Follow Us:

Preserve muscle mass as you age

Do you know, along with building strength, lifting weights have infinite benefits. Let us learn all the reasons which may inspire you to pick up a pair of dumbbells today.

SNS | Shimla |

Along with building strength, lifting weights also consist of infinite benefits. Let us learn all the reasons which may inspire you to pick up a pair of dumbbells today.

It helps to lose weight and burn extra calories

Since everyone is aware of the fact that cardio helps to get rid of the belly fat, similarly lifting weights helps to build more muscles, which can eventually help to burn more calories. This is why muscles are metabolically active, means they burn calories even when you’re not exercising.

A study conducted on Obesity in 2017 suggests that weight training combined with a healthy, low-calorie diet, can help preserve lean muscle mass that’s lost through aerobic workouts. “When weight loss occurs in the absence of strength training, all facets of body composition are lost,” Reed says.

It helps to protect bones

With growing age, human bones become more brittle and weaker, especially if you’re in the post-menopausal stage, which is due to lower estrogen levels, (estrogen is the hormone responsible for maintaining bone mass). But lifting weights can help you build bone mineral density through Wolff’s Law, which states that bones can grow in response to forces that are placed upon it. In other words, creating pressure on your joints through weight-bearing exercises can actually help you build stronger, healthier bones.

In fact, in an October 2017 study ‘the Journal of Bone and Mineral Research’ it has been claimed that high-intensity resistance training exercises, like deadlifts, overhead presses, and back squats, can help improve bone mineral density in women with osteopenia and osteoporosis.

It helps to manage stress and boosts mood

Just like any form of exercise, strength training can enhance or improve your mood by releasing feel-good hormones called endorphins. A recent research also suggests that exercise, including weight training, may also help protect against Alzheimer’s and dementia. Researchers from Columbia University discovered that the hormone irisin, which is released during exercise, may help promote neuronal growth in the hippocampus ‘the area of the brain dedicated to learning and memory.’

“The scientists themselves claim that any type of exercise is a mood booster, but weight training makes you much stronger and it builds the back and neck muscles that are most directly associated with stress.”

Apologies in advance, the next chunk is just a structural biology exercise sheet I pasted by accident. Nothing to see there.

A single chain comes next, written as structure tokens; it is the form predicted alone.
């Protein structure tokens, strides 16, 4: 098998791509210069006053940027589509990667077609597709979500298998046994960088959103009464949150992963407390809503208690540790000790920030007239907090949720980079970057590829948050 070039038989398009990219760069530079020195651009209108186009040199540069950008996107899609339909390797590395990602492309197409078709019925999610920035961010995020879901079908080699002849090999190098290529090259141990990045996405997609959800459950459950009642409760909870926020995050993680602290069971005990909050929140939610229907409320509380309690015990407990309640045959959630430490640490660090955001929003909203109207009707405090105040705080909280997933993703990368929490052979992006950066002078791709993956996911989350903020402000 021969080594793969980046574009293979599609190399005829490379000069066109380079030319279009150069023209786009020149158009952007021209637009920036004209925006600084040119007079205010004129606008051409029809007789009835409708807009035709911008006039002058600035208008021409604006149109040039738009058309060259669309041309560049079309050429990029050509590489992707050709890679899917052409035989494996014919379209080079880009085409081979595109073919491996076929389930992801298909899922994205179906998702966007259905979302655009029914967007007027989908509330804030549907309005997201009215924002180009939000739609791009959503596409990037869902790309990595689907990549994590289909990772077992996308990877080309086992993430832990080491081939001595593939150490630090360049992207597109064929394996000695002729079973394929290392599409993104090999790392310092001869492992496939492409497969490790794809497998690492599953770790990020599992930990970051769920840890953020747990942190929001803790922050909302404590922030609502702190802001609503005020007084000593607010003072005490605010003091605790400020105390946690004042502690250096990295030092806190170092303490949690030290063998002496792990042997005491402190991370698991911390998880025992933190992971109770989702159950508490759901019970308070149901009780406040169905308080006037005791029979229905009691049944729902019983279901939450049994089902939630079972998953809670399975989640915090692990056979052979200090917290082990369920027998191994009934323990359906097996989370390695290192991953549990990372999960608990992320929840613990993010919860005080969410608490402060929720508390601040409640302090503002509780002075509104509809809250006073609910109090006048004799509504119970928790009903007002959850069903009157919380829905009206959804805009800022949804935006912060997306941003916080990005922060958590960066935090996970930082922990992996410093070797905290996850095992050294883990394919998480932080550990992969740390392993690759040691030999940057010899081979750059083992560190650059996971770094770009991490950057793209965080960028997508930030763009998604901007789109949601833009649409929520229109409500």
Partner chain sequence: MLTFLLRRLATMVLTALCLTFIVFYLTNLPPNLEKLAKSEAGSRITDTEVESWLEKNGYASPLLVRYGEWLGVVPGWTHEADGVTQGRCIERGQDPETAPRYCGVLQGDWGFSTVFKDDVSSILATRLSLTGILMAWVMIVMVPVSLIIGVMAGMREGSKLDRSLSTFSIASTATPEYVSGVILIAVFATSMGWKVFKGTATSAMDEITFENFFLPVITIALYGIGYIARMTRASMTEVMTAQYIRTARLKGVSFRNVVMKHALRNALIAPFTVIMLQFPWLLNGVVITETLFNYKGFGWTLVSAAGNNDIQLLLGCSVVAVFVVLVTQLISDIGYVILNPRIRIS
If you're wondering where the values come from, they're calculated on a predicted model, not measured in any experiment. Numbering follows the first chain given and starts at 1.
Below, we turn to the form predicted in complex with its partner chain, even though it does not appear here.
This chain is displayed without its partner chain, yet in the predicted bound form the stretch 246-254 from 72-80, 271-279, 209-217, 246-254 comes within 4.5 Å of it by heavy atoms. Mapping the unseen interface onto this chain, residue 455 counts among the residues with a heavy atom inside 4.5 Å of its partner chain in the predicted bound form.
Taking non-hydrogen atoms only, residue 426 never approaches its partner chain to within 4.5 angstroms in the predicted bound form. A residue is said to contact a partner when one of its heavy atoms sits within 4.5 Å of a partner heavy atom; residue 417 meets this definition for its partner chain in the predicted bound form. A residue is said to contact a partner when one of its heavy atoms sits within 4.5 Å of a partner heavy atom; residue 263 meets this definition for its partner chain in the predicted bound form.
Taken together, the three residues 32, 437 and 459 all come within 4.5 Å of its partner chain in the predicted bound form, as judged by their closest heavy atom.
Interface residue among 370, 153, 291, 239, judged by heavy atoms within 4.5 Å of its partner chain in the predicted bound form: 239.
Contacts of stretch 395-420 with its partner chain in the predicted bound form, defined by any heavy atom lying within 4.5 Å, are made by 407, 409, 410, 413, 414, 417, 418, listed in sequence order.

It helps to improve posture

People who are sitting on a chair all day long would definitely agree with this, as there are chances that they might be dealing with a case of rounded shoulders and a hunched back, which places additional pressure on the lower back. This can lead to bad posture and limited range of motion in the shoulders, which are the most flexible joints in the body. But; lifting weights can help reverse this by opening up the chest, strengthening the back muscles, and improving freedom of movement.

It also helps to reduce back pain

As we know that, there’s no single reason for back pain, whereas muscular imbalances like weak knees and an unstable core, can contribute to encourage back pain. Most people think aches and pains are due to strains, but sometimes, it’s a result of bad biomechanics. Scientifically our muscles work in a kinetic chain, so if there’s a weak link, it can often manifest into a bigger problem in different areas of the body. But by building total-body strength, most of the body injuries could be removed.

It helps to improve memory and brain health

When the body is in motion, it pumps oxygen-rich blood towards the brain, while boosting neuroplasticity, which generally is the brain’s ability to create new neural connections and to adjust changes in environment. By increasing neuroplasticity, your brain can better handle stressful situations of life.

A 2016 review from the British Journal of Sports Medicine shows that physical activity can help prevent or delay cognitive decline in people over 50.

It helps us to stay in coordination with the body

It’s been scientifically claimed that, there’s nothing like lifting a pair of weights to help you tune into your senses when you work out. Whether you’re doing an overhead press, a plank row, or a goblet squat, lifting weights creates greater awareness around using your breath to help you get the most out of each rep. Plus, doing complex moves can test your listening and cognitive skills—it takes some brain power to process a trainer’s cues and execute a move properly